When a convict is sent to prison, he or she is stripped, disinfected and subjected to stringent inspection to ensure nothing illegal, like drugs, or contraband gets inside. His or her possessions are catalogued and boxed up. A convict only gets to keep a few books, eyeglasses and legal papers.

Visitors, too, undergo thorough screenings before seeing their loved ones. This includes car checks by staff (and even canines) and body checks (along with belongings) by a metal detector, pat downs and sometimes, sniffer dogs.

Ideally, nothing illegal is supposed to get inside the prisons – or at least, that's what the law stipulates. But surprisingly, drugs are rife in prisons globally, and illicit drug use like heroin, meth, coke, clone and NPS remains endemic. In fact, a third of prisoners in Wales and England claimed that it was easier to access drugs in prison, than it was on the outside.

How drugs get into prison


Surprisingly many people in the United States say it's easier to score drugs in prison than it is on the outside.

You probably are wondering how these drugs make their way into prisons. As it turns out, people are pretty creative and often come up with smarter ways to outdo the current security measures and systems. Some smugglers use babies, coloring books, dead birds or stamps to move the drugs past the systems. Others take it a notch higher and soak undies with meth or decide to shove prescription drugs inside their private parts to pass through security. A while back, a Cincinnati woman was nabbed trying to traffic a Bible-laced with heroin into prison.

Cases of staff being enticed by cash bribes aren't uncommon. Forty-nine correction officers from 31 prisons in Georgia were accused of accepting bribes and trafficking illegal stuff into prison. One prison officer took £1000 for moving an ounce of crack cocaine and heroin. Another one got £500 for a sizeable package with drugs and phones. And the cases go on and on.

More recently, an increasing number of cases have transpired where drones delivered packages. Compared to 2013, when the use of drones to transport drugs was unheard of, there were 2 cases and 33 cases in 2014 and 2015.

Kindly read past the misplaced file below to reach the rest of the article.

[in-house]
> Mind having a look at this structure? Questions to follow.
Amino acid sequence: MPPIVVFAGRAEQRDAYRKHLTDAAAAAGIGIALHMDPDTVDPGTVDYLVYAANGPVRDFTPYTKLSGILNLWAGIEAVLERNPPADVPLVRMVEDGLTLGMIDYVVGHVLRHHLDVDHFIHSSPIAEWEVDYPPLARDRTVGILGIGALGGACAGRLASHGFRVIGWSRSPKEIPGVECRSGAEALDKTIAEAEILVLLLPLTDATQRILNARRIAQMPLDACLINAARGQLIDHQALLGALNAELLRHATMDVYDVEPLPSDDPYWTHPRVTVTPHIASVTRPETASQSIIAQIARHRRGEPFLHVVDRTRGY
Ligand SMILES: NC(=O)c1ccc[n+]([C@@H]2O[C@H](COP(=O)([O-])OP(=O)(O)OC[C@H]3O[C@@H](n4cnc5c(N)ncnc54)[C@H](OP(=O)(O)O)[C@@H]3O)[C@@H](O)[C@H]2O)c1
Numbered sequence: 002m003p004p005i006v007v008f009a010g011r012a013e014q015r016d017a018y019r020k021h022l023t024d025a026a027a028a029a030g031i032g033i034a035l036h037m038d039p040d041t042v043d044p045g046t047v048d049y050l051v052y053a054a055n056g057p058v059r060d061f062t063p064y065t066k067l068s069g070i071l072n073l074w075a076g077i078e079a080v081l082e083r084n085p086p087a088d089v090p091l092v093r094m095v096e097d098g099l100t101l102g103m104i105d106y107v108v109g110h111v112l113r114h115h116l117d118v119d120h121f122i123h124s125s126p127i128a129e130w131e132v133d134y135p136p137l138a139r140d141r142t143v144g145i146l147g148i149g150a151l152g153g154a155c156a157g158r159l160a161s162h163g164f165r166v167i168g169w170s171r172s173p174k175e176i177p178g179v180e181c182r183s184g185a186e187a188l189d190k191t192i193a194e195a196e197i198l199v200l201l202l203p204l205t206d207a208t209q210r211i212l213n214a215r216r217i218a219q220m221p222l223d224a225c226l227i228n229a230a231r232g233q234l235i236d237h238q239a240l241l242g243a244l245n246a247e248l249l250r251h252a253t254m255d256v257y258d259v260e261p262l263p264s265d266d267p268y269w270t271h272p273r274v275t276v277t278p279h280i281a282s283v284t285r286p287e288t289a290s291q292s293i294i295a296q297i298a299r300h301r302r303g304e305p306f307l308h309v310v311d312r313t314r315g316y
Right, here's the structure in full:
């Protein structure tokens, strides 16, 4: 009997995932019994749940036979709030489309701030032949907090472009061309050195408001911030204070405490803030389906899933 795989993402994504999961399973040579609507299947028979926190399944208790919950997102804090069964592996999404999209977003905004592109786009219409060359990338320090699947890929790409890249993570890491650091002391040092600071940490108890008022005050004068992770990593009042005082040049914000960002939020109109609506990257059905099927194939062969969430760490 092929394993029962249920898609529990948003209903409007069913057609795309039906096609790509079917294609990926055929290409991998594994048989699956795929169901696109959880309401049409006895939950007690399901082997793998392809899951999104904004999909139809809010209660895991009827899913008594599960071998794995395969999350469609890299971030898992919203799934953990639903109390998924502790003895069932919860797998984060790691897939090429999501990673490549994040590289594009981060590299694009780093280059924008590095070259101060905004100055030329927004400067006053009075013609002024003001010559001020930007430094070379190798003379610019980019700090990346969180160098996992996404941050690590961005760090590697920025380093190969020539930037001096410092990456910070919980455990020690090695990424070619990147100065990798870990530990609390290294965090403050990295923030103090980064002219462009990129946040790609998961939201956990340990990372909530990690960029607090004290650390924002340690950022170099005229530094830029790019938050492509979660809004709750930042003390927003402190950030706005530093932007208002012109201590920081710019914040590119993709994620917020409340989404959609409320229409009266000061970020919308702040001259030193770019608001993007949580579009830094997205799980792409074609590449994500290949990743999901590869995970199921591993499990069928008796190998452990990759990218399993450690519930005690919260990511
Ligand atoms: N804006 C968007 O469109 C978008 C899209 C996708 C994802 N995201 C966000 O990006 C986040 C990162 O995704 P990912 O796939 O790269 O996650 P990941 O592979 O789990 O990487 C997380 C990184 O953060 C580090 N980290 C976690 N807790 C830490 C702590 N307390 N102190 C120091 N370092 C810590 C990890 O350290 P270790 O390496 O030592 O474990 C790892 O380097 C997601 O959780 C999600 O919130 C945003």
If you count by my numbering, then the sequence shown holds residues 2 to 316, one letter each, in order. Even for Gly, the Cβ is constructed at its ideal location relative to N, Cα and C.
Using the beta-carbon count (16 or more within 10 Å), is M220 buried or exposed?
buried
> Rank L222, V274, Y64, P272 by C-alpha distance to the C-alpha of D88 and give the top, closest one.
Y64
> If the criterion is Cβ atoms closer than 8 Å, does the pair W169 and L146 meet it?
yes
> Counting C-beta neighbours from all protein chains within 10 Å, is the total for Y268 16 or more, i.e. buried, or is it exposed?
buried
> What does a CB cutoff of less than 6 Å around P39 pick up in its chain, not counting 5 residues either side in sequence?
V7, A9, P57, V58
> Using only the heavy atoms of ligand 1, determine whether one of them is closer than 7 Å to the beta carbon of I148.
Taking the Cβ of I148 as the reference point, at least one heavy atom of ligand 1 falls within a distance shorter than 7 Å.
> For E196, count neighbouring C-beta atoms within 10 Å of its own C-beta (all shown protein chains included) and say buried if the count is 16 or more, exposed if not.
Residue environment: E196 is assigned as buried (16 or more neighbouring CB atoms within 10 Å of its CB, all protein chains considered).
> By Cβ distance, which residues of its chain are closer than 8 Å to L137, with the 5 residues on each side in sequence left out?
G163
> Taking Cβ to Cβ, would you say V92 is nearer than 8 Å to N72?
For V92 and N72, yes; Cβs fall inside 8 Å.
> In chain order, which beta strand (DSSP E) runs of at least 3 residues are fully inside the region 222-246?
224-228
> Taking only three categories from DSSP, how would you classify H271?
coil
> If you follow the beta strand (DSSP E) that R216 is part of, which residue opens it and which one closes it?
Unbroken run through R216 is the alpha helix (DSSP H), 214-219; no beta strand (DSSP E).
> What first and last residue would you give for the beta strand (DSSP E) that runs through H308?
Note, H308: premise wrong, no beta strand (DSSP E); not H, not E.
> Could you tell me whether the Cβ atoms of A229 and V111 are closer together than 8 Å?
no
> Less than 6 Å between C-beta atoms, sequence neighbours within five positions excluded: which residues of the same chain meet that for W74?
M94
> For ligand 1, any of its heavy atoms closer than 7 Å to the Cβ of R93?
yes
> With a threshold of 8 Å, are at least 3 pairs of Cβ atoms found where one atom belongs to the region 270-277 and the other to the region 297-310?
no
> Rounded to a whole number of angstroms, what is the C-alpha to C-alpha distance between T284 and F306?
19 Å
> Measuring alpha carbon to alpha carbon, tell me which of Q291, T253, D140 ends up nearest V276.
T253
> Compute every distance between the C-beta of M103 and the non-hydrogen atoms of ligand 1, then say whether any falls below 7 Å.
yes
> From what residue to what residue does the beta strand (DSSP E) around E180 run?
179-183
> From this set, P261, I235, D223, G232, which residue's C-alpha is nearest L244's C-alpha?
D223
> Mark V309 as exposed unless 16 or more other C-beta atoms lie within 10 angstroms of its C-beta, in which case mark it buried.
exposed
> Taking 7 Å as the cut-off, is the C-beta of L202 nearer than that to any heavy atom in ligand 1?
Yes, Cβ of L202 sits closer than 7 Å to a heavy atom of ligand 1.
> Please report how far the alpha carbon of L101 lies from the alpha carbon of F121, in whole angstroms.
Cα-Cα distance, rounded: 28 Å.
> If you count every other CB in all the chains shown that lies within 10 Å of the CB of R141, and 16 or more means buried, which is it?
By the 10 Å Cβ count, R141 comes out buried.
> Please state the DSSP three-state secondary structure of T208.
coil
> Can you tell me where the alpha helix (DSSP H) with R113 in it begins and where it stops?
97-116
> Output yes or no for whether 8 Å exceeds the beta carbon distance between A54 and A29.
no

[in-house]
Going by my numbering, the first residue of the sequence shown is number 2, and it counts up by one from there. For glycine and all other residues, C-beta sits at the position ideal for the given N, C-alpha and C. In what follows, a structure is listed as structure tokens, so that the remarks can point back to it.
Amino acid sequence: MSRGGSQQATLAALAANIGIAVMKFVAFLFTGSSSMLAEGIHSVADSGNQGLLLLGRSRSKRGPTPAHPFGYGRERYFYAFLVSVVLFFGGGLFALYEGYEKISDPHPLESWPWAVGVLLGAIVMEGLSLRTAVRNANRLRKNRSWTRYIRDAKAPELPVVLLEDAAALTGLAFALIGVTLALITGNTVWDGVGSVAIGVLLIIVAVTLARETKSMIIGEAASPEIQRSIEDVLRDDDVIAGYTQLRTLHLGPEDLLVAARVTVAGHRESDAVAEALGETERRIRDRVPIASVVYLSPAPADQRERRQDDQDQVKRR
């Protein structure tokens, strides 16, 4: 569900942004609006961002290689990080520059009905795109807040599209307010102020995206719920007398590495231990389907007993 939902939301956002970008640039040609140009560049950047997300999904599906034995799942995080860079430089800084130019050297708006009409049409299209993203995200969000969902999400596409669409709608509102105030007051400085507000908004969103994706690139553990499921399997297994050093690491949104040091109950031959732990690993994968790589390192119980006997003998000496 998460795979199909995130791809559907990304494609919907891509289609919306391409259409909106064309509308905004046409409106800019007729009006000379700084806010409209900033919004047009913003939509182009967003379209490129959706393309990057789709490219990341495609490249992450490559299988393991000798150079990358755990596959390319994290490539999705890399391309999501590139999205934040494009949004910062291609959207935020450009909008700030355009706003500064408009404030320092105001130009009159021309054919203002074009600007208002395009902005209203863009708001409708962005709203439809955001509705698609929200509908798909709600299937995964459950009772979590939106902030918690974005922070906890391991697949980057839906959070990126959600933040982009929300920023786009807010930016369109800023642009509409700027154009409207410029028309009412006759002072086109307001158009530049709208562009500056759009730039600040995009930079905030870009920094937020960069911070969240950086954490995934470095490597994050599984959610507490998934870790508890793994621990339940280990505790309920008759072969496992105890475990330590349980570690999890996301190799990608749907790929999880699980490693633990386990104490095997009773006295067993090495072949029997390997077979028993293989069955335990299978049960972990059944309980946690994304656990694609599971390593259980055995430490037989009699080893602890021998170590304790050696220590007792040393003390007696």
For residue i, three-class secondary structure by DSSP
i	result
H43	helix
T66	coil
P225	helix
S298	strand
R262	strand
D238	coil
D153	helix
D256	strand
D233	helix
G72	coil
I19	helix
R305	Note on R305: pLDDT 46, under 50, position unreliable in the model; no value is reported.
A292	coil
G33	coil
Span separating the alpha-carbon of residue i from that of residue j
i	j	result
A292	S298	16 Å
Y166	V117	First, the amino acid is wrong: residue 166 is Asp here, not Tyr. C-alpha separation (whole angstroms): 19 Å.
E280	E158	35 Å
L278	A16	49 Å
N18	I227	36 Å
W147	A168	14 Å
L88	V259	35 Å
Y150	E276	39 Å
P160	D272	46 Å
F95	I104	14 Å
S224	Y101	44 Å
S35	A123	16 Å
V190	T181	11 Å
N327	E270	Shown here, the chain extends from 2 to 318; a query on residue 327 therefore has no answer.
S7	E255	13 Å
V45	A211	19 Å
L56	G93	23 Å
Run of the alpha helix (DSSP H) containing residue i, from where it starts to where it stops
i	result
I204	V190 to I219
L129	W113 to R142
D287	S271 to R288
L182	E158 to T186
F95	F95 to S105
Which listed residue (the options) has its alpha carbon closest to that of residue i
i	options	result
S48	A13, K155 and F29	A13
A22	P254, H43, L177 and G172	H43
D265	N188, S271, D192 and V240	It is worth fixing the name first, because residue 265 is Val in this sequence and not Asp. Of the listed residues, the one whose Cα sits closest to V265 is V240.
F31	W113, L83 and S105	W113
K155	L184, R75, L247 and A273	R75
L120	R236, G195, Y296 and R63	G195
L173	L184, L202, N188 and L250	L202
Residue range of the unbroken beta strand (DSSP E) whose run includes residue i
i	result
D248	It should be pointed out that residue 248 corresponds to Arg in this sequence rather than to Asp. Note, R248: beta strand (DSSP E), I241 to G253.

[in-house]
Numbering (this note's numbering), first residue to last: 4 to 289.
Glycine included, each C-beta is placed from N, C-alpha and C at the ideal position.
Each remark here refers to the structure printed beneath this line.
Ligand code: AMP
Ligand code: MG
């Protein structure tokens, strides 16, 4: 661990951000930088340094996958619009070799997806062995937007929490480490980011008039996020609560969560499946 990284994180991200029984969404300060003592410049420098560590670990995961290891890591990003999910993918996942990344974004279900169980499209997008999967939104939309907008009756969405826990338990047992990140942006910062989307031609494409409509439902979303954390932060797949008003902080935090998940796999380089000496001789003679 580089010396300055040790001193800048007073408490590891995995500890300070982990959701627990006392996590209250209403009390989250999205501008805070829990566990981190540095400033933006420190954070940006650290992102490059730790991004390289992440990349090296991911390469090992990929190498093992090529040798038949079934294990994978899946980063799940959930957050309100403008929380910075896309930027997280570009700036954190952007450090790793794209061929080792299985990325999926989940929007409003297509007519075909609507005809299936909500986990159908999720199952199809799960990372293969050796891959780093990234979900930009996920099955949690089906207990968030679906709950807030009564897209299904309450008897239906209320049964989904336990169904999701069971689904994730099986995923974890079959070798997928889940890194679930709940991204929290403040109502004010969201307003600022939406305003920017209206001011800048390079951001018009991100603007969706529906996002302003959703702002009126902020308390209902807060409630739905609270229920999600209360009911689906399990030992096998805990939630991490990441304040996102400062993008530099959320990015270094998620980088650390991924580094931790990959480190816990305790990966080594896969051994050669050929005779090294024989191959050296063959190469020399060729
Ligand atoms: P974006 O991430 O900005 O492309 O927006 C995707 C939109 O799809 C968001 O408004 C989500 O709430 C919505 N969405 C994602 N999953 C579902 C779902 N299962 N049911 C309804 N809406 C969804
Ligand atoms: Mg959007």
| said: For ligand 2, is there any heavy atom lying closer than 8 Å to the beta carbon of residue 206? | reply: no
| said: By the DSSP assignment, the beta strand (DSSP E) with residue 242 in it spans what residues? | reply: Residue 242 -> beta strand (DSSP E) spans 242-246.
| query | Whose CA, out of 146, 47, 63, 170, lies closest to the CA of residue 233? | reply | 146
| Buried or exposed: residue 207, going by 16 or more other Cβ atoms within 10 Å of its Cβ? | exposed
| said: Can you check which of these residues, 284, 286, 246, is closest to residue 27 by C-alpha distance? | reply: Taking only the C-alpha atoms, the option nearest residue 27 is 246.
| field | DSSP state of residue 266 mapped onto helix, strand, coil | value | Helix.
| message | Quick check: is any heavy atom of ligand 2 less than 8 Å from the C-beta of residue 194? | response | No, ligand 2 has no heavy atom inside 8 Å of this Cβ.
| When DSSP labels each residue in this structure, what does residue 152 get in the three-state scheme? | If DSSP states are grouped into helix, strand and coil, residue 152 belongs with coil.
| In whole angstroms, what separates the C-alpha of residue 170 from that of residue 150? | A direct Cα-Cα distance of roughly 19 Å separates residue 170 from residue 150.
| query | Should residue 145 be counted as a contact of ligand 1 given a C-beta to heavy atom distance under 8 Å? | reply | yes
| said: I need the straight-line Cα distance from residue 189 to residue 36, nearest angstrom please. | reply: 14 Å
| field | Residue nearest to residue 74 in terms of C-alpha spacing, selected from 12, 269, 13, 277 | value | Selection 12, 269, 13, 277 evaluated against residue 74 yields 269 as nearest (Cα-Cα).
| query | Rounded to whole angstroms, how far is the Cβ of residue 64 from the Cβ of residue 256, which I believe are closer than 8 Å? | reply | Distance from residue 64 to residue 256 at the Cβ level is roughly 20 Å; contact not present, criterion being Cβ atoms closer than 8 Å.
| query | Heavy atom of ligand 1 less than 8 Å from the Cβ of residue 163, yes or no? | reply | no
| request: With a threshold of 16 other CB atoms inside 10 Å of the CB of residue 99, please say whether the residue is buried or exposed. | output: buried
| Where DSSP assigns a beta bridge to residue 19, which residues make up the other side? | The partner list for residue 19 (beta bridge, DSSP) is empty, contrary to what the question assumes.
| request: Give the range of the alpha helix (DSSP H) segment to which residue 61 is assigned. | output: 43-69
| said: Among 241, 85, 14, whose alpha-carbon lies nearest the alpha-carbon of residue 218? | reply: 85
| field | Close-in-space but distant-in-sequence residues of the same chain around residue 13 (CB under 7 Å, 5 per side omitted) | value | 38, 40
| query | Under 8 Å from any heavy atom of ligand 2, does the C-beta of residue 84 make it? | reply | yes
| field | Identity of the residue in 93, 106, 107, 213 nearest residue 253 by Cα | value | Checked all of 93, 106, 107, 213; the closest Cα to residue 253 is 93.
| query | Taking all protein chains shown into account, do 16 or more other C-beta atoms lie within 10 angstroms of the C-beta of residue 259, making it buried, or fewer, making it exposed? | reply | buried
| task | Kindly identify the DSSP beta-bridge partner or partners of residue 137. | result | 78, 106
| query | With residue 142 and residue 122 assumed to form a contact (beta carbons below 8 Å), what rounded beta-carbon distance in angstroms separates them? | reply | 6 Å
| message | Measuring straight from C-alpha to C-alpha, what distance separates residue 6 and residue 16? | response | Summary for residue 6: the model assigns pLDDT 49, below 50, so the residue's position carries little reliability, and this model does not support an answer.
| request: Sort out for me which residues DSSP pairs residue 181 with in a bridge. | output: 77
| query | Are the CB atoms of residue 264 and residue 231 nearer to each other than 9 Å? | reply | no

Prisons try to keep abreast of the inventive and creative ways individuals develop to smuggle drugs into the jail. And while they are mostly successful, inmates still manage to get hold of drugs in one way or the other. In addition to being illegal, the misuse of drugs in prison is a severe threat to prisoners' health, the security of prison systems and the safety of prison officials and staff.

Drugs commonly found in prison


Drug culture does not stop at the prison walls. Many inventive inmates have developed a knack for sneaking contraband into US jails and prisons.

Using and/or dealing drugs is a criminal offense and may attract up to 15 years (give or take) in jail time. How these drugs find their way into prisons, designed to be secure places of law enforcement, is a big concern.

According to data collected through the 2007-2009 National Inmate Survey, 58% of state prisoners and 63% of sentenced jail inmates met the criteria of drug abuse or dependence. In comparison, only 5% of the general population 18+ years matched the criteria for drug abuse or addiction. This is in line with the data from the National Survey of Drug Use and Health (NSDUH).

Between 2012/2013 and 2017/2018, there was a 50% rise in the rate of positive random tests for drugs in prison, from 7% to 10.6%. Data indicate that prisons with the highest positive rates in the random drug tests are those that are the least stable.

The most commonly abused drugs in prisons are:

How much of a problem are these drugs?

According to a post published on Independent, there were 58 deaths between 2013 and 2016 where prisoners were known, or strongly suspected, to have used legal highs before their demise. Synthetic marijuana is equally disrupting the normal prison life. Despite being prohibited in UK prisons, this drug led to 19 inmate fatalities between 2012 and 2014.